And, in some way, each mother brings with her some of all of these "archetypes" ready, at a moment's notice, to intervene with a band-aid, a hug, a cup of cocoa, a trip to the emergency department after a child's fall, a phone call to the principal after some disciplinary action against her child at school, or even a 'lecture' on the morality of how to treat a bully. What seems common regardless of the nuanced style of each mother, is the unwavering commitment to "serve" the child under whatever exigencies in which the child finds him or herself enmeshed. And that service seems inexhaustible, like a well that never goes dry, no matter how tired, over-wrought, despondent, disappointed, depressed or angry she is.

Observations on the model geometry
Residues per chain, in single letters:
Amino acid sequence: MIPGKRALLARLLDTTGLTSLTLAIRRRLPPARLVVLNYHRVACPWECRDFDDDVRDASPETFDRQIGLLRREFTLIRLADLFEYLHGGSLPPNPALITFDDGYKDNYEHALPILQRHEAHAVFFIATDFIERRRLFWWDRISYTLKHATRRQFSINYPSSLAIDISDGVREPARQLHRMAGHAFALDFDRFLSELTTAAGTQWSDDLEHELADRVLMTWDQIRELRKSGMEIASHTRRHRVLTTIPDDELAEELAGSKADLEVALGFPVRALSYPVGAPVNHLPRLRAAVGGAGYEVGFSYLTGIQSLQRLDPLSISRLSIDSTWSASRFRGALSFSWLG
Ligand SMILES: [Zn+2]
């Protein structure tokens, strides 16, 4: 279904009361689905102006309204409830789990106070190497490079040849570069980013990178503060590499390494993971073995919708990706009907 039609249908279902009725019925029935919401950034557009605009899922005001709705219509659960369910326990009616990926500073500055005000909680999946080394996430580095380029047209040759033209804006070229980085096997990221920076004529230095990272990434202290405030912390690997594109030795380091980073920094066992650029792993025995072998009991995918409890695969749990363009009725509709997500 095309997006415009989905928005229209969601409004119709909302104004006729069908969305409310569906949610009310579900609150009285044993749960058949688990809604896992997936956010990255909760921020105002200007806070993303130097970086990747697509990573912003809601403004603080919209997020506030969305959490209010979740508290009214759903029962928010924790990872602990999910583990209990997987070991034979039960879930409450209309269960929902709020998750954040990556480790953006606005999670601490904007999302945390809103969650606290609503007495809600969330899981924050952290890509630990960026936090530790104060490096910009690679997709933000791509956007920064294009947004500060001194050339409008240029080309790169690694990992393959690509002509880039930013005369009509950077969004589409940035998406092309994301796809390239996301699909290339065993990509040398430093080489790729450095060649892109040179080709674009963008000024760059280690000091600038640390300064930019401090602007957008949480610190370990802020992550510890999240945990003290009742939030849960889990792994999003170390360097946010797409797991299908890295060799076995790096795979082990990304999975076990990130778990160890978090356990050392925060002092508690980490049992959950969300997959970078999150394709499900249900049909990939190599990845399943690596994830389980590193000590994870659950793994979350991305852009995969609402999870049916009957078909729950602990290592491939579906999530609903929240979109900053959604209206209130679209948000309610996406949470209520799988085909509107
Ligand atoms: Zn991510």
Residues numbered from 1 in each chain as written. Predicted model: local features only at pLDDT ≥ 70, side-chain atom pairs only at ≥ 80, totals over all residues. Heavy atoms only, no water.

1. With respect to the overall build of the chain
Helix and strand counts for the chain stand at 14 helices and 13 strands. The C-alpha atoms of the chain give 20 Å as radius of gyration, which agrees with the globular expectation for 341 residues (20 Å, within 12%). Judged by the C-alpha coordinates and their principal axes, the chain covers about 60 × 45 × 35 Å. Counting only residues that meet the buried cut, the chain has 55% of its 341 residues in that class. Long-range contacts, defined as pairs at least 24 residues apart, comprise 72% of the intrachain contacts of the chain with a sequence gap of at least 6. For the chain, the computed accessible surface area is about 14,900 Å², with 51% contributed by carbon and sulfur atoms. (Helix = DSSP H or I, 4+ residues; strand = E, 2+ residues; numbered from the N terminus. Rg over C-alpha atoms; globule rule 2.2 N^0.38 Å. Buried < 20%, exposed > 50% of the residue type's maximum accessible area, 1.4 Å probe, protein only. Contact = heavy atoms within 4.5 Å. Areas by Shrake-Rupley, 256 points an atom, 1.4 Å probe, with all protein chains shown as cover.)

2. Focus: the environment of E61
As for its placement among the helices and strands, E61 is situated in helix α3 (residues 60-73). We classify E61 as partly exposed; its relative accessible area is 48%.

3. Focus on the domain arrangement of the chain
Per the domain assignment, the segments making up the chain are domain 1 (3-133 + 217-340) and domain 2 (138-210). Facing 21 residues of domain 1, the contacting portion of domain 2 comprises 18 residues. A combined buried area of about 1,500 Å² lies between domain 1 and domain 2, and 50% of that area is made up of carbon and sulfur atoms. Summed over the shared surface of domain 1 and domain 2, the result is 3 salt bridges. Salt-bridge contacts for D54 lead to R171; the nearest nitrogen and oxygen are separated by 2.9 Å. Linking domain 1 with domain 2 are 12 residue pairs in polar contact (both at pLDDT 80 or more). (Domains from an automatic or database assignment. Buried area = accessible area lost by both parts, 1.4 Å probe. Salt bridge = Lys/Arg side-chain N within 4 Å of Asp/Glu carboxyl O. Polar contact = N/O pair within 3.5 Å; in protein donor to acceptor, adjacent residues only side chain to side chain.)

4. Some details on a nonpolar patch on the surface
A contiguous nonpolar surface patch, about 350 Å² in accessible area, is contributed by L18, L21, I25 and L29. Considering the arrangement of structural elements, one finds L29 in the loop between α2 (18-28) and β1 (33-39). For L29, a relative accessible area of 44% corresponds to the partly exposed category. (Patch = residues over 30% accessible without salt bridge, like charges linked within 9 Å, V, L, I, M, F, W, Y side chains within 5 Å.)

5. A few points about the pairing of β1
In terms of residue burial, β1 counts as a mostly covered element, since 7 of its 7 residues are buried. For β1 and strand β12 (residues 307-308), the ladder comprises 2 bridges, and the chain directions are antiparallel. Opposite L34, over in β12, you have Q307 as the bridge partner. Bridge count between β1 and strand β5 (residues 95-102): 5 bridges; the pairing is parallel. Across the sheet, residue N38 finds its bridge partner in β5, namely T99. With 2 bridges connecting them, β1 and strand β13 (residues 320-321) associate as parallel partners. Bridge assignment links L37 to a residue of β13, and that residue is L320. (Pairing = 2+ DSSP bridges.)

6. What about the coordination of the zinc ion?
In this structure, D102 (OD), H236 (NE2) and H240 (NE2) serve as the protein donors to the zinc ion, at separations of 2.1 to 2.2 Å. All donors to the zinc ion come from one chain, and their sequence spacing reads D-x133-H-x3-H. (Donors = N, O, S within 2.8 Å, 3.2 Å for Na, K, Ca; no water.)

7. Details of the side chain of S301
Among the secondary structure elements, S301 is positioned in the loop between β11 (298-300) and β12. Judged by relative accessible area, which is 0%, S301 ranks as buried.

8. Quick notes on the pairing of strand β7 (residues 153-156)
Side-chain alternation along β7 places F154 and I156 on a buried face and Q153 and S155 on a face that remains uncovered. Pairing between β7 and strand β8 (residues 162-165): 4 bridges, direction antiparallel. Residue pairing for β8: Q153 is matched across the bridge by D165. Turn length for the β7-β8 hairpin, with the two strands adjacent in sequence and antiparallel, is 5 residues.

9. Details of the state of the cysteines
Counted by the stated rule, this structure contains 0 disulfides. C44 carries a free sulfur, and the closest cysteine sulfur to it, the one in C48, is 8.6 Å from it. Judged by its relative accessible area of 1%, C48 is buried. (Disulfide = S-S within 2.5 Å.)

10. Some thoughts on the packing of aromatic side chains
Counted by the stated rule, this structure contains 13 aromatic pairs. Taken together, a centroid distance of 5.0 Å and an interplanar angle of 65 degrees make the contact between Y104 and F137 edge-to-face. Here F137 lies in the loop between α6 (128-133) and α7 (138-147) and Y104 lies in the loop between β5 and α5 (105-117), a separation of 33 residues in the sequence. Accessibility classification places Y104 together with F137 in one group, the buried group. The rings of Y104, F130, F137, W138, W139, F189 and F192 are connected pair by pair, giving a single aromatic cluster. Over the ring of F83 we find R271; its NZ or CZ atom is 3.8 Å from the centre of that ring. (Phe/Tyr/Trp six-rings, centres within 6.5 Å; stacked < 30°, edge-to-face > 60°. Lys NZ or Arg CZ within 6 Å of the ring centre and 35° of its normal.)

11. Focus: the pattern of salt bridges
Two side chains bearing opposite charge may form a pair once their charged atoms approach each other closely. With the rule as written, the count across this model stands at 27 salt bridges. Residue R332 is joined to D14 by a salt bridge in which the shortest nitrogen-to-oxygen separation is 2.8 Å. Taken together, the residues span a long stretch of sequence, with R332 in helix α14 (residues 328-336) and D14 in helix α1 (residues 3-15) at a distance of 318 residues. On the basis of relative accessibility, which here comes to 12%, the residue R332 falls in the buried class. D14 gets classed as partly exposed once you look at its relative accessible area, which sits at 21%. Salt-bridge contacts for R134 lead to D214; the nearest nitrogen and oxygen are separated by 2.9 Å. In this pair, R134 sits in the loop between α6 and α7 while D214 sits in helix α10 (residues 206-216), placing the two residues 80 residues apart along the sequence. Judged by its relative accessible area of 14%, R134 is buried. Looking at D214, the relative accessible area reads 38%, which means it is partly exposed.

Mothers' voices, include their sighs, and the way they hold their mouth, and the way they put their hand on their hip, the way they roll their eyes, their every gesture and response is indelibly imprinted on the memories of their children. It is their whole being that is microscopically memorized and learned as the first imprint on the child's hard-drive, forever embedded in his consciousness, and later his unconscious, as the driving beat of how the universe really works. The level of energy to plant the garden in late spring, to pick the raspberries in late summer, to smock the dress of the new baby, her own and her friend's, to clean and redecorate every room in the house, to sing the hymns on Sunday in the pew, to judge the town drunk....it is the intensity and the persistence and the eventual predictability of her person that becomes the first road-map for 'how' to be in the world.